You can find out much more on my LinkedIn page, but here is some assorted background on me and some of the things that fascinate me. Contact me if you want to find out more.
I studied Latin Sciences a very long time ago, followed by an unhealthy dosis in physics (my official degree is Master in Physics, Computational Physics) including a thesis about positrons with a title that seems to come straight from an Asimov SF novel. Over the years I've added to that various courses on computer related skills (networking, operating systems, languages, applications) both taught and self-taught and a number of language courses that gave me some understanding of Spanish and Japanese amongst others.
In 2000 I was lucky enough to be able to follow the "Effective Management Programme" at the Vlerick Leuven Ghent Management School. This programme featured a series of courses on both rational and emotional skills for managers.
From 1996 to 2004 I worked at Enfocus Software in various positions; starting as a software developer, managing the software development and customer support groups and eventually as CEO of the company as a business unit under Artwork Systems.
In 2005 I co-founded Gradual Software where we acquired the Danish CaslonSoft and developed the Switch automation product. As COO of Gradual Software I was responsible for daily operations, marketing, sales in the North American region and human resources. In 2008, Gradual Software was acquired by EskoArtwork and the Switch product line was integrated with the Enfocus business unit in EskoArtwork. I became responsible for marketing and product management for the Enfocus business unit.
In 2010 I left EskoArtwork and joined Four Pees as CTO. In that capacity I'm responsible for evaluating new technology and managing the technical side of the projects we become involved in. Four Pees is an international distributor of solutions - mainly for the graphic arts market - and as such we come into contact with a wide range of questions and opportunities.
From 2010 I work as a consultant. While the majority of my time is currently spent at Four Pees, my interests are wider than graphic arts and a number of iOS apps are proof of the existence of life outside graphic arts :). Publigence, my company, specialises in anything that has to do with automation, process optimisation, clean user interface and user experience and whatever else I find interesting.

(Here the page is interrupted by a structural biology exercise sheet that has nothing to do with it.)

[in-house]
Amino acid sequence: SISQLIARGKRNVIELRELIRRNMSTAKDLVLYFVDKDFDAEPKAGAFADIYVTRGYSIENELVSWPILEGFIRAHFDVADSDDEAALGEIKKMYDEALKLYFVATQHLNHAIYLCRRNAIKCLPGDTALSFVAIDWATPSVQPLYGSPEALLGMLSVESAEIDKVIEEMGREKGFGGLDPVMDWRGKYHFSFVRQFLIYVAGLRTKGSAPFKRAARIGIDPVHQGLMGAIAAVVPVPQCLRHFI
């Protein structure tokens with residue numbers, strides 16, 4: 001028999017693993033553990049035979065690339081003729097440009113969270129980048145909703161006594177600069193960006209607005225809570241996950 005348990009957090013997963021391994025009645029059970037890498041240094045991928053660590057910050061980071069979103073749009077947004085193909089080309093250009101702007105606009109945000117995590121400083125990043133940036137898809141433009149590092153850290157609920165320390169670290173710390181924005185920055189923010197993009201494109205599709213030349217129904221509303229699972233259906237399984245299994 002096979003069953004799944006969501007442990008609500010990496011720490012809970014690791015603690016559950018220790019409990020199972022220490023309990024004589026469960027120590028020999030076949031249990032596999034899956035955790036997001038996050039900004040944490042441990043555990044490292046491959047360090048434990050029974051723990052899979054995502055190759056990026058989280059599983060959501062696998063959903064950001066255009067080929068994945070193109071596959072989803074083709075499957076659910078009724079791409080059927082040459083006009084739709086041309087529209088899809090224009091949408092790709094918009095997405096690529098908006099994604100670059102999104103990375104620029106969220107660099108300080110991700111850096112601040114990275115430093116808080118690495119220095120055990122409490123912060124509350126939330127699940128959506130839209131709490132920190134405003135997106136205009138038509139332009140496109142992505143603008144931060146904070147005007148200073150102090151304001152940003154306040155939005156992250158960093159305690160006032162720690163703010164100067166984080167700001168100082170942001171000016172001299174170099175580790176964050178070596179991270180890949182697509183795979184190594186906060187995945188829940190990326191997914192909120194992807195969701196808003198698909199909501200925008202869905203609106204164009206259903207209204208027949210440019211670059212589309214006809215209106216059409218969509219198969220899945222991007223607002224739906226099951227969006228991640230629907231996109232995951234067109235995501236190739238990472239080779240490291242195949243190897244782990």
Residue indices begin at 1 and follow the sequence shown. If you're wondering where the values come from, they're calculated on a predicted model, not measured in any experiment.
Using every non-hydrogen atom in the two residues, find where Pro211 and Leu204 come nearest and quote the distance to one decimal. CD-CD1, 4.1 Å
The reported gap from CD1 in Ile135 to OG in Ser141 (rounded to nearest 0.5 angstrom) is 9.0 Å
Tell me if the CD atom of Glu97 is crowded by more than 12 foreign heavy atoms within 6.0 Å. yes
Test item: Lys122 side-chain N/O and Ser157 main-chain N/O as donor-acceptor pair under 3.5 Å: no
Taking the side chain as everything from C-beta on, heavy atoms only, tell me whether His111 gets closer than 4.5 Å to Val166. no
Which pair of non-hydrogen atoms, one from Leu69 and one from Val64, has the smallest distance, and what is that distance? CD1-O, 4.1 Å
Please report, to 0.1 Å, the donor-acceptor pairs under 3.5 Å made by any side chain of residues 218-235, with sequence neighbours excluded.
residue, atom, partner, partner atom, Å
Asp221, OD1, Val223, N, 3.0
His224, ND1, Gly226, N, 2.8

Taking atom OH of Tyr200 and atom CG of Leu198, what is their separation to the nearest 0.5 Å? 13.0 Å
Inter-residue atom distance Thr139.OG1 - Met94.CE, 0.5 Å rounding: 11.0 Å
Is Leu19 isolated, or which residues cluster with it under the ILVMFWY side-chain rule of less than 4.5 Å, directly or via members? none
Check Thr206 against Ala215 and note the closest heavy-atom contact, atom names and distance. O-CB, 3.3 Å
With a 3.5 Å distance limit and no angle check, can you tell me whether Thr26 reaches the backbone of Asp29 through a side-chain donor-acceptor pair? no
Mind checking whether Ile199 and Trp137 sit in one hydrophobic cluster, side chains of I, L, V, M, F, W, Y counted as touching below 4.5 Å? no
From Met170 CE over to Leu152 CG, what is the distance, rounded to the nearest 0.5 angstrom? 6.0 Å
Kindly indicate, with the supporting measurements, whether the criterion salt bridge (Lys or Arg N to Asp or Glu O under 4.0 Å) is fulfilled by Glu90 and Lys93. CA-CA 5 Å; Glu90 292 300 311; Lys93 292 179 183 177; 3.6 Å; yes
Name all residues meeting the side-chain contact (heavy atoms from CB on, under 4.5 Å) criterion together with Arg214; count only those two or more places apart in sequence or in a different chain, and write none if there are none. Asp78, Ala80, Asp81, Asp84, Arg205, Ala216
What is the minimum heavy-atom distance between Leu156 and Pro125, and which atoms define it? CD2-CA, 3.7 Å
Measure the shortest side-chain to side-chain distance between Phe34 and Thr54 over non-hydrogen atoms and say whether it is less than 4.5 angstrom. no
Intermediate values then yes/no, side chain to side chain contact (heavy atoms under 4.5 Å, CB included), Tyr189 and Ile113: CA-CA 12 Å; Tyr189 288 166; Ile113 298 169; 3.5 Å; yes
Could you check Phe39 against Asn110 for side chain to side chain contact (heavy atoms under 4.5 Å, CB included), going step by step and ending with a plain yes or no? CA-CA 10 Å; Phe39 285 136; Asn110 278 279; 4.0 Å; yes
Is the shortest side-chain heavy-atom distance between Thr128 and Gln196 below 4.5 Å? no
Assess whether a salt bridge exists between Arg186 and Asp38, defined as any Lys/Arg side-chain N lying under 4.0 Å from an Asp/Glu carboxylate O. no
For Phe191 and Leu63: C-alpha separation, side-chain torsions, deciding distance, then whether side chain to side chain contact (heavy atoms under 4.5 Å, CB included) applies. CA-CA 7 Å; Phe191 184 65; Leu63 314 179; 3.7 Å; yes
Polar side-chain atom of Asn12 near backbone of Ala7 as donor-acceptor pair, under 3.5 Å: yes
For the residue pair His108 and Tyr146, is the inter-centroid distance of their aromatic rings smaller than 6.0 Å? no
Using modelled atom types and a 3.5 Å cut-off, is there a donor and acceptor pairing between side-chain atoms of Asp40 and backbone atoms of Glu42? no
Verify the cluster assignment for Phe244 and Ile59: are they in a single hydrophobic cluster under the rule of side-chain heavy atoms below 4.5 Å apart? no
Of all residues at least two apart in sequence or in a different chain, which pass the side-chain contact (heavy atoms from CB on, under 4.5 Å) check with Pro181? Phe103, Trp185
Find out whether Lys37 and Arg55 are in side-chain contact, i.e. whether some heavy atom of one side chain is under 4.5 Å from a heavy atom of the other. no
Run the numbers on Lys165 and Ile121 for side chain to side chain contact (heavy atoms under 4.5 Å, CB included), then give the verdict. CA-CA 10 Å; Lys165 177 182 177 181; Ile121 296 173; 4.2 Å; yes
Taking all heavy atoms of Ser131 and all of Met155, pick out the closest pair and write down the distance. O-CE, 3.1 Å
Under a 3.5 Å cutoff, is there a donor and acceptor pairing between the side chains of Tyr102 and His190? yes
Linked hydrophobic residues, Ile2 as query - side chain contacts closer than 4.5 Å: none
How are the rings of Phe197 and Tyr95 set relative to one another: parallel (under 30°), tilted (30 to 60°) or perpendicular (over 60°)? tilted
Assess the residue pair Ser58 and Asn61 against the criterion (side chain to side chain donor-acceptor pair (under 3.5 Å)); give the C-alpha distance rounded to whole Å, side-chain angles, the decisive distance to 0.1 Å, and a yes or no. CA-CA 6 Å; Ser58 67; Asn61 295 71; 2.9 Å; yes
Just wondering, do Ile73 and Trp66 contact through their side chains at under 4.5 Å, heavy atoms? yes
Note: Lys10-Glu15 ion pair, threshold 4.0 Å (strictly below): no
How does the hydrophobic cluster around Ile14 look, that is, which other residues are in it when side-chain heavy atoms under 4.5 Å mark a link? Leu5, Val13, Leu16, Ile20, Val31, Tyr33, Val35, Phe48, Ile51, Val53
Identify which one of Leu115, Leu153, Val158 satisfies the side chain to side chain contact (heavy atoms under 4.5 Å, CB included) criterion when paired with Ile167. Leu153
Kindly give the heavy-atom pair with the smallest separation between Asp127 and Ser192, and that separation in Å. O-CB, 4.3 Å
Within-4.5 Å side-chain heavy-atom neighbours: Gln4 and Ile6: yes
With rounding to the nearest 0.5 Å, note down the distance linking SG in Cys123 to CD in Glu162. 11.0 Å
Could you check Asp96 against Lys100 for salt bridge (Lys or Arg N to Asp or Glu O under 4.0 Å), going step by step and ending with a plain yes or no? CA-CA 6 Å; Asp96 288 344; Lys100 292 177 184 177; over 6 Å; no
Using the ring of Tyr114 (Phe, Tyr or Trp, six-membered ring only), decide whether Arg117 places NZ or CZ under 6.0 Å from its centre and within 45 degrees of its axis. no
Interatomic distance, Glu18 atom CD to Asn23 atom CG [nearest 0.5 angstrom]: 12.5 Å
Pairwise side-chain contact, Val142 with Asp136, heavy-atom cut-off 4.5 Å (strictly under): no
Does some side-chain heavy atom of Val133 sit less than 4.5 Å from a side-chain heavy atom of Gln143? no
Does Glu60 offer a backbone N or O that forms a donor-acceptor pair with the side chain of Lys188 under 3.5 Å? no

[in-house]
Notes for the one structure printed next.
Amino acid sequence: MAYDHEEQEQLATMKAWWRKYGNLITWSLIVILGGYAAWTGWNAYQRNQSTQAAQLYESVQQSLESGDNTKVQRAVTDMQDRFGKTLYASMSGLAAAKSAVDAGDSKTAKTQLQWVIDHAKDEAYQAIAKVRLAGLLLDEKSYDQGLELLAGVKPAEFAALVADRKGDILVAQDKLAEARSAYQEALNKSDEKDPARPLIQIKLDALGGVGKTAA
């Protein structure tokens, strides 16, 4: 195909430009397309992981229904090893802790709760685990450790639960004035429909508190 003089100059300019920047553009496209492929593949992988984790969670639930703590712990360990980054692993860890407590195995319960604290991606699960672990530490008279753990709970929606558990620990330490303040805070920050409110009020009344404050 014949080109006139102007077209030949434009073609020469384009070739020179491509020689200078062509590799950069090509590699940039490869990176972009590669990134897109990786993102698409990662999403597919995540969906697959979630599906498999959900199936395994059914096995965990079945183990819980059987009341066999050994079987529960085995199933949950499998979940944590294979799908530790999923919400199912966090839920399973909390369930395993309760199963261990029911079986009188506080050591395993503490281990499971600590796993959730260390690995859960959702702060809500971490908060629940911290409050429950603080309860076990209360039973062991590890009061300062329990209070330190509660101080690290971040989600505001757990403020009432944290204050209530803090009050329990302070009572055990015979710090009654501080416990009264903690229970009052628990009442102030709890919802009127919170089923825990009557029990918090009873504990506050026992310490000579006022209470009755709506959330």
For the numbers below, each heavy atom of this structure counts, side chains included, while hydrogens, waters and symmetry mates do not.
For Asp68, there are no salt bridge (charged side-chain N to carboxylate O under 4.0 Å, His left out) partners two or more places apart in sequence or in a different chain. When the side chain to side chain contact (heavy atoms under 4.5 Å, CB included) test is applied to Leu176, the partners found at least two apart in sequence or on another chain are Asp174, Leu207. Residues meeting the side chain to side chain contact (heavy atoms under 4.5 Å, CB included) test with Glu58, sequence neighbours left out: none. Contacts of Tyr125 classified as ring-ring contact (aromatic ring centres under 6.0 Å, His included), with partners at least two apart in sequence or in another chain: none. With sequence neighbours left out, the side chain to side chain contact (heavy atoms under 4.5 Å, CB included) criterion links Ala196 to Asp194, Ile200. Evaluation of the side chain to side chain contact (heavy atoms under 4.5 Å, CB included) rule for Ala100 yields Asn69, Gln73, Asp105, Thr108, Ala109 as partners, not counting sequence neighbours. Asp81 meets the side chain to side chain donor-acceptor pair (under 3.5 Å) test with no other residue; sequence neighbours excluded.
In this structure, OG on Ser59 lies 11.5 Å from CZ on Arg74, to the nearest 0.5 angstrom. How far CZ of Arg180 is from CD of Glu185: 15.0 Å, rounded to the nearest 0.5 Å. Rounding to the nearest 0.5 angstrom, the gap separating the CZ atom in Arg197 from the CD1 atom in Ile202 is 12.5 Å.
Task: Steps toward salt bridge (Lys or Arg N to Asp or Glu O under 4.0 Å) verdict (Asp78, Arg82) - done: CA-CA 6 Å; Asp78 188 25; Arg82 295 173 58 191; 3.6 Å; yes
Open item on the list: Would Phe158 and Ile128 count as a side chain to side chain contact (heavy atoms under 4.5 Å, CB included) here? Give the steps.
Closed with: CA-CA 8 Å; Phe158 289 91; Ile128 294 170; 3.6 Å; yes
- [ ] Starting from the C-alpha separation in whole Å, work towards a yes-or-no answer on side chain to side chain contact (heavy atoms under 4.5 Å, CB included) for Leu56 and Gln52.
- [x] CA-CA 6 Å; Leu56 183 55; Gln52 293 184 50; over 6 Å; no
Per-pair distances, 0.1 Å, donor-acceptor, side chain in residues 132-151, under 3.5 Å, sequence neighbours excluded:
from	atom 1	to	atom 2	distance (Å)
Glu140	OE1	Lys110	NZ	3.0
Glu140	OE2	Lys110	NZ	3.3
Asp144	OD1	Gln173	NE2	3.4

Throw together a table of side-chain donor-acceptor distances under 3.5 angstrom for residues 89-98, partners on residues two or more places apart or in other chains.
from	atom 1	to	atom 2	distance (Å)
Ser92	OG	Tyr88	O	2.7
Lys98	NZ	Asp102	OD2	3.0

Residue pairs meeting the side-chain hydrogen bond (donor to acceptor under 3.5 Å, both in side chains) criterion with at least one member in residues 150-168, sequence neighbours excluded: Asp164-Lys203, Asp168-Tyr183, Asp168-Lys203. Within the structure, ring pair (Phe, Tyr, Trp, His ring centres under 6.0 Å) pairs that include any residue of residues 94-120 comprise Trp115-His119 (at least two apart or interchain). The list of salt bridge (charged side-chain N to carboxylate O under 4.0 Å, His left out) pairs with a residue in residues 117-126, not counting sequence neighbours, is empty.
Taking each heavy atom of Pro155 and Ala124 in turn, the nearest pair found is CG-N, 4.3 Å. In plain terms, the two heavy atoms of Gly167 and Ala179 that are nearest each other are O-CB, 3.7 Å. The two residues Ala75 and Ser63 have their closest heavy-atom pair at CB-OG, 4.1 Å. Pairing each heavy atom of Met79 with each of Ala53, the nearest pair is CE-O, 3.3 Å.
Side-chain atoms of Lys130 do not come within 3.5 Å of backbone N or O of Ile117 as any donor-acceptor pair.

I have a slight, but I don't believe dangerous, obsession with penguins. To the point where my daughter rolls her eyes and says: "pfff, it's always about penguins" to me. Where did that start? And why would I allow it to intrude on what is essentially a public, business website?
It all started while working for Enfocus; Enfocus developed preflight and editing technology for the graphic arts market. For one of the new versions of our flagship product, we developed a feature called Action Lists, that could perform automatic editing on PDF files; something like macros for Microsoft Word for example. As always we only delivered the final product about a day or two before the show we wanted to introduce it on and so it happened that we had working technology but no example Action Lists to ship with the application.
So during a beautiful week-end I found myself creating close to a hundred different examples to ship with the software. Many of them were easy and simple, but a few already demonstrated some of the power of the feature. And after about Action List number 90, I got rebellious and decided that I could have one Action List that was a little bit funny as well. So I looked for a free clip-art image that I liked and created an Action List called "Add penguin". That example Action List got added to the library of examples installed with PitStop Pro and as far as I know it still ships with the application today. You can even still download it from the Enfocus website.
I still find it funny when users ask "what's up with the penguins?" when they have browsed the library with examples. It's fun to see something you've created live on (and I feel that way about the application and the funny little penguin Action List!). There's a deeper sense to all of this too however. Of course it's silly to talk about penguins on a business website (It's also very smart as you're obviously reading this page and - who knows - you might have even visited my LinkedIn profile. Good marketing!).
The deeper lesson is that it's important to remember we're all humans. I am, you are, chance is your customers are as well. Humor should not detract from your ability to do business, but to have absolutely no crazy side to your personality? Come on... live a little! And to put an end to the rumors... yes, yes, I know I have more than one quirk. But you'll have to admit purple is just a very nice color and "It's not easy being green" is simply a nice song; even if it is sung by Kermit the Frog...